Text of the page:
Governments, Media, and Economists Team Up on Sanitation for East Asia

Sanitation was high on the agenda as the Water and Sanitation Program brought together government officials, mass media professionals and economists from five East Asian countries to promote sanitation in the region.  

The meeting took place at WSP-EAP's Communications Workshop on Sustainable Sanitation in East Asia in Bangkok on 5-6 February 2007. The event aimed to share experience and build capacity of governments and mass media in order to increase public attention on sanitation in the target countries. The activity was part of a sector objective to increase political will for implementing reforms and increasing investment in sanitation in the region.  

Thirty-five participants from government (including directors-general and directors) and media (including chief editors and executive producers) were engaged in a mix of discussion, presentation, group work and exercises with 20 representatives from international organizations such as Unicef, WHO, DfID, Eco-Asia, World Bank External Affairs and WSP.  

The workshop was designed to provide governments opportunity to raise the understanding of media practitioners about the relevance, key issues and challenges facing the sector, with the objective of enhancing mass media's capacity to put sanitation issues into the public domain. The workshop also gave media professionals a forum to assist governments and international organizations in identifying key messages, developing media strategies and packaging newsworthy sanitation information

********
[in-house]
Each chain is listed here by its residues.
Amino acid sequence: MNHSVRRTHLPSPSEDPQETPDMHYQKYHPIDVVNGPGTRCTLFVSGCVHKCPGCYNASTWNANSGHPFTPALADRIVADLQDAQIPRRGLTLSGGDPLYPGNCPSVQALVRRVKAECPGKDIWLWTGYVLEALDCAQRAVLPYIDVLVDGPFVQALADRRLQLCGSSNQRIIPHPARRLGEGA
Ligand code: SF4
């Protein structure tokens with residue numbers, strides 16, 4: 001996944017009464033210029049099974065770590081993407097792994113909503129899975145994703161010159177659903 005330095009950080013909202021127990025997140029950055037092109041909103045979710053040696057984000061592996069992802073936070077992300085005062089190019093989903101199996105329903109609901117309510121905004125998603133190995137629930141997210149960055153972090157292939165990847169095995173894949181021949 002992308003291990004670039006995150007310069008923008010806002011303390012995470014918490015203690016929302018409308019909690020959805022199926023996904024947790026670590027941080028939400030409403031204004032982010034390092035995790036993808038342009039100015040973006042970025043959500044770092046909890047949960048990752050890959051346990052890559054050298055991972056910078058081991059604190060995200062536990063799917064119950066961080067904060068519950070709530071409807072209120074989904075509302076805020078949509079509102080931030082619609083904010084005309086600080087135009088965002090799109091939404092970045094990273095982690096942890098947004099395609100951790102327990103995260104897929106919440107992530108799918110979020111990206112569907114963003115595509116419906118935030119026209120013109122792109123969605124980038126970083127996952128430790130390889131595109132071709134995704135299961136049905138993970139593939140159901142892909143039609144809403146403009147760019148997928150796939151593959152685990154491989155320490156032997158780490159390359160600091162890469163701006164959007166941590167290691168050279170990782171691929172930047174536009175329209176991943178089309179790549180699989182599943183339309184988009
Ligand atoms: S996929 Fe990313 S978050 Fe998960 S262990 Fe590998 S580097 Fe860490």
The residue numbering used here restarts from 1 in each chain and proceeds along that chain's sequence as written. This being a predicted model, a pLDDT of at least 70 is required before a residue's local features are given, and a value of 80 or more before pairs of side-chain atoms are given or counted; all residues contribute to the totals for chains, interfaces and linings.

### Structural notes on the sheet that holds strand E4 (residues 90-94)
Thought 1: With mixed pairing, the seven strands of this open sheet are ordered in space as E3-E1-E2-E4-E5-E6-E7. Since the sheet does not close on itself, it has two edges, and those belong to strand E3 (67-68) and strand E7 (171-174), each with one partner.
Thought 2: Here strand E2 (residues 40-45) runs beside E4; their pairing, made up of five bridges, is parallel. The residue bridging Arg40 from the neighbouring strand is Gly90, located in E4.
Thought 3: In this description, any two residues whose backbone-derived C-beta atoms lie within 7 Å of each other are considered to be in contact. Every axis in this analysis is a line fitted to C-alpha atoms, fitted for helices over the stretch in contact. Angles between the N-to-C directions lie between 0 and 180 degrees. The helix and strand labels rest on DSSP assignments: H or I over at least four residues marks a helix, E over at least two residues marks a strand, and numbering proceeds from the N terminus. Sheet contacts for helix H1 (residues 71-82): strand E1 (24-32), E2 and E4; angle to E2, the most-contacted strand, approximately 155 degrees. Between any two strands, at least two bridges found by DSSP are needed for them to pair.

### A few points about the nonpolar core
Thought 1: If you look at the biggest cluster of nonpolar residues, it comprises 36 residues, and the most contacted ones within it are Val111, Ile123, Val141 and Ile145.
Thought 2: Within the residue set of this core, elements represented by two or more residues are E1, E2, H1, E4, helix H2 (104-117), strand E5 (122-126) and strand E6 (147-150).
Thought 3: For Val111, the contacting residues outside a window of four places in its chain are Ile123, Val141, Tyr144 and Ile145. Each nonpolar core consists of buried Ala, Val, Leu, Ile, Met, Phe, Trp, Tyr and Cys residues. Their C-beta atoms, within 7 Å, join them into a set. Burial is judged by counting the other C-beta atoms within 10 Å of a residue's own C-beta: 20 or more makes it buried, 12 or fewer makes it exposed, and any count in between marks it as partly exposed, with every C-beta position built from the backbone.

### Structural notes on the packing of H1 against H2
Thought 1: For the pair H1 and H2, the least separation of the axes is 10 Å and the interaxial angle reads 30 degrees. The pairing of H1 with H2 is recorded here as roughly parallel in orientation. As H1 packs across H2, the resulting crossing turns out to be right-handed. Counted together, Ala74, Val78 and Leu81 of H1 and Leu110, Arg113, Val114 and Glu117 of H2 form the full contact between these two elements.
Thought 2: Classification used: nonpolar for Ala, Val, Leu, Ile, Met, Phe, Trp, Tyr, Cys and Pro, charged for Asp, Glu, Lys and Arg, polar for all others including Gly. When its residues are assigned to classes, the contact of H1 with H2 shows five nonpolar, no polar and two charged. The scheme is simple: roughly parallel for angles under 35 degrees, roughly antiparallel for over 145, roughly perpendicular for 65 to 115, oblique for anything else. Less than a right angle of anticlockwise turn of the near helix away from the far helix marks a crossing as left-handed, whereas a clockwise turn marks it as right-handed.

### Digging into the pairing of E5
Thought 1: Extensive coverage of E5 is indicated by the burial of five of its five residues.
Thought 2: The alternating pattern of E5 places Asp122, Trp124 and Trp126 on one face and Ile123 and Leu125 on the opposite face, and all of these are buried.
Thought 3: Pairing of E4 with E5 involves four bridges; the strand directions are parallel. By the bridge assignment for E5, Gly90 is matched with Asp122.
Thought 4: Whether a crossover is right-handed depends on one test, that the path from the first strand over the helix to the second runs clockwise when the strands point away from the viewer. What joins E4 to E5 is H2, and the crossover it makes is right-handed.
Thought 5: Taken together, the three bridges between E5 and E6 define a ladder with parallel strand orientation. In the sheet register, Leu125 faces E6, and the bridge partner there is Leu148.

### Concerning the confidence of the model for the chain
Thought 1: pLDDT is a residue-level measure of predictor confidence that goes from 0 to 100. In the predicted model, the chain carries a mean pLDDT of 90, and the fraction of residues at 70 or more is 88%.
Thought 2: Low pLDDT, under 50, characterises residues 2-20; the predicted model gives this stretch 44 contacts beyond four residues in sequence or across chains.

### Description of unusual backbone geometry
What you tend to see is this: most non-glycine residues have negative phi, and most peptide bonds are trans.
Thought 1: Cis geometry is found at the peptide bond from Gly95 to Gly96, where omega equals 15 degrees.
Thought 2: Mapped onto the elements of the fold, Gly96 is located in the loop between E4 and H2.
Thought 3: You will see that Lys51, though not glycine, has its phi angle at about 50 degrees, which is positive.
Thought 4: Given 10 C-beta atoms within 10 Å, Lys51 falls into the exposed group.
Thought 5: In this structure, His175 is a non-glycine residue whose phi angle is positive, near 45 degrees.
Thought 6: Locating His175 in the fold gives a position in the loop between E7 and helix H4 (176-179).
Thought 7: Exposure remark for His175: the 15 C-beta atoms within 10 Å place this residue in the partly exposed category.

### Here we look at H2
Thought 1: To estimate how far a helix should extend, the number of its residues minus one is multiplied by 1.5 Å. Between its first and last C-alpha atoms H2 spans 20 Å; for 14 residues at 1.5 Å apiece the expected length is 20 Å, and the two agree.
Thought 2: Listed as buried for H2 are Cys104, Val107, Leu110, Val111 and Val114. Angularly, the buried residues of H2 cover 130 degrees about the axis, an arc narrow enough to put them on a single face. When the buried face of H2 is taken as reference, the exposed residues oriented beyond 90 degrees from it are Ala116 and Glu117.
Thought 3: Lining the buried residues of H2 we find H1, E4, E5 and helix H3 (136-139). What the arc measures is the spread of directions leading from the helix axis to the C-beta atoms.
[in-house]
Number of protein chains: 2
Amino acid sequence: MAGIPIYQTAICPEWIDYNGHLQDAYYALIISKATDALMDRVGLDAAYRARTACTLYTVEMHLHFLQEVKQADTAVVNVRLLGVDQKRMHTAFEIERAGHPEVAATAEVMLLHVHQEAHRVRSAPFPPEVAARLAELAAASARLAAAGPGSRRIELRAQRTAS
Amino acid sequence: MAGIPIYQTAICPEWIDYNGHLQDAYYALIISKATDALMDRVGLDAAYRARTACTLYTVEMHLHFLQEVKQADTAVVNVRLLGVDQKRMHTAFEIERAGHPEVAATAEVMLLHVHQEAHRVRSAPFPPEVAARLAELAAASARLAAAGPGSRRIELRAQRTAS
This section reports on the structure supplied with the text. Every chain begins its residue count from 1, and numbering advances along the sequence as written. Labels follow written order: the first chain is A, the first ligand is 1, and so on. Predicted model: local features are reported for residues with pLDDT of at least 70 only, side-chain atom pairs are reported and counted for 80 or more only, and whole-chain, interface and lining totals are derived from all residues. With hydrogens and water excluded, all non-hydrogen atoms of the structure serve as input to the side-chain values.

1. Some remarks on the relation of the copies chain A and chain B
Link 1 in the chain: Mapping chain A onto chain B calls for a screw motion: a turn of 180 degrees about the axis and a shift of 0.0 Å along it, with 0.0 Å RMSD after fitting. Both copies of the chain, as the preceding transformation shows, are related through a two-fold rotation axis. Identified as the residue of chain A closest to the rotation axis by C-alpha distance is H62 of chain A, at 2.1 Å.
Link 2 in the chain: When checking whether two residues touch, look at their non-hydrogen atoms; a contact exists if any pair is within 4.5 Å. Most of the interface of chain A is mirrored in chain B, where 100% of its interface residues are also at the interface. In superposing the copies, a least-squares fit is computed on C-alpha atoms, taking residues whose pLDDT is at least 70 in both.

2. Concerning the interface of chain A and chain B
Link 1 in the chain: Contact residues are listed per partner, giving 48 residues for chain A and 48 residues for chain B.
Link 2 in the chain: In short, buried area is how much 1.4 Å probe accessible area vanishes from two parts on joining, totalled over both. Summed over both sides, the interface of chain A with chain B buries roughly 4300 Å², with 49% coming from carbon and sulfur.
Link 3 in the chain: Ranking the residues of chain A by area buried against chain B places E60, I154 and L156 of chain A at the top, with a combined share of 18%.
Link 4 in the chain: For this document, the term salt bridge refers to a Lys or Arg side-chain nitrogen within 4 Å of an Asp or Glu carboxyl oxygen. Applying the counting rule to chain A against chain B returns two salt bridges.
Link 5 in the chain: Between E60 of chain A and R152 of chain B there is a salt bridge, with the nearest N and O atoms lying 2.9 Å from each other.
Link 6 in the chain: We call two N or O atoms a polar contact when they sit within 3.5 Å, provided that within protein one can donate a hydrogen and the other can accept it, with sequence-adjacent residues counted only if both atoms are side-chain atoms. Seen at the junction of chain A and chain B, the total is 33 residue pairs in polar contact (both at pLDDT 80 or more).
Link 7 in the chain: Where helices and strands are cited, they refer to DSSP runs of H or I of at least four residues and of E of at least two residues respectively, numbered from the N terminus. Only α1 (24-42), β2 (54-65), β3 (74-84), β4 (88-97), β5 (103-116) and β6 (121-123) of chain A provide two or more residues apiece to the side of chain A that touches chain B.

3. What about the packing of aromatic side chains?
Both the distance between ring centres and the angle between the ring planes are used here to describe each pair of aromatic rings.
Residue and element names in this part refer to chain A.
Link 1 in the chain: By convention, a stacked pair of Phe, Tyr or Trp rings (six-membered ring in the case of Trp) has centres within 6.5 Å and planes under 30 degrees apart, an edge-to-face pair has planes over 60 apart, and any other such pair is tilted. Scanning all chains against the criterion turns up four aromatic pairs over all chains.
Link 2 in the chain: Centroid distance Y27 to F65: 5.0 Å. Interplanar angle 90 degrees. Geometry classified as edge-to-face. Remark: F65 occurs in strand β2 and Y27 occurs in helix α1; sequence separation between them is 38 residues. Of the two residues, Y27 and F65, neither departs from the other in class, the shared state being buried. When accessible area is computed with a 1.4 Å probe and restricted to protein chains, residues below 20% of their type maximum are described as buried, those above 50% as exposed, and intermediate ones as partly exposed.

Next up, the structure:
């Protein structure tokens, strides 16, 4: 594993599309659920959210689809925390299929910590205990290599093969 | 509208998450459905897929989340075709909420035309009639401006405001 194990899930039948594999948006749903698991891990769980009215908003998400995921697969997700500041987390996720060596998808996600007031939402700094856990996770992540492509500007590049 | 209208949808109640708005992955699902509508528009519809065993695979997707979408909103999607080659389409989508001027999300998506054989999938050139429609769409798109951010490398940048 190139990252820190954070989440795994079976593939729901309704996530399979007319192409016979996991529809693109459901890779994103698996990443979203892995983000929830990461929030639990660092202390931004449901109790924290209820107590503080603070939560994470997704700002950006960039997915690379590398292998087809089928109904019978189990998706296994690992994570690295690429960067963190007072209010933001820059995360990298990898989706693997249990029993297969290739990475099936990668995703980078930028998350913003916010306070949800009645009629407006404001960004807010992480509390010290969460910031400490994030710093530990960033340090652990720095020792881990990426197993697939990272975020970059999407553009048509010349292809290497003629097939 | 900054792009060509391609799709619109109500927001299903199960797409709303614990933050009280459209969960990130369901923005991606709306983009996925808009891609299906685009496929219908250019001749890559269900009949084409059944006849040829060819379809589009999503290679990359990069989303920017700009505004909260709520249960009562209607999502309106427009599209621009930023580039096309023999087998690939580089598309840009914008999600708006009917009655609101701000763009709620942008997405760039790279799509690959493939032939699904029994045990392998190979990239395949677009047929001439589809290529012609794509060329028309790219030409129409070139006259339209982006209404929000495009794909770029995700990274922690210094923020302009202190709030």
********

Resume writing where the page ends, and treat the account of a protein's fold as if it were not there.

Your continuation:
According to Pak Susmono, a Public Works director from Indonesia, the workshop was useful as it provided him with different perspectives from other stakeholders: "I've never taken part in an event in which governments sit together with mass media as equal partners before. We are planning a national sanitation campaign and the learning from this workshop will help my office improve the way we frame it. Also, this workshop is good for networking—I now have good contacts with Indonesian major newspapers, wire service and TV station. It's funny... it takes an event in Bangkok for me to meet with these Indonesian media contacts."  

Mulyanda Djohan from the Chinese Xinhua News Agency believes the workshop improved his knowledge of the sector: "As journalists we usually care only about the facts and figures. This event enhanced my understanding of what’s behind the facts and figures, such as the main challenges and the main issues."  

One of the outputs of the workshop was identification of region- and country-specific sanitation messages.Another useful result was development of a draft media strategy for an upcoming East Asia Sanitation and Hygiene Conference (EASAN) from work group discussion in each of the five focus countries—Cambodia, Indonesia, Lao PDR, the Philippines and Vietnam.  

In a bid to enrich the results of the government-media-organization work with economic perspectives, the workshop invited a team of East Asian economists in Bangkok for an Economics of Sanitation Initiative meeting, to review the country outputs consisting of country-specific sanitation issues, framing of issues, catchwords, audience segmentation and draft messages. The review resulted in an "incentive-based" recommendation for sanitation promotion in East Asia—a promotion offering certain incentives to all stakeholders and underlining "what’s in it" for each target audience. Proceedings of the workshop will be available on this website in April.

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Yosa Yuliarsa
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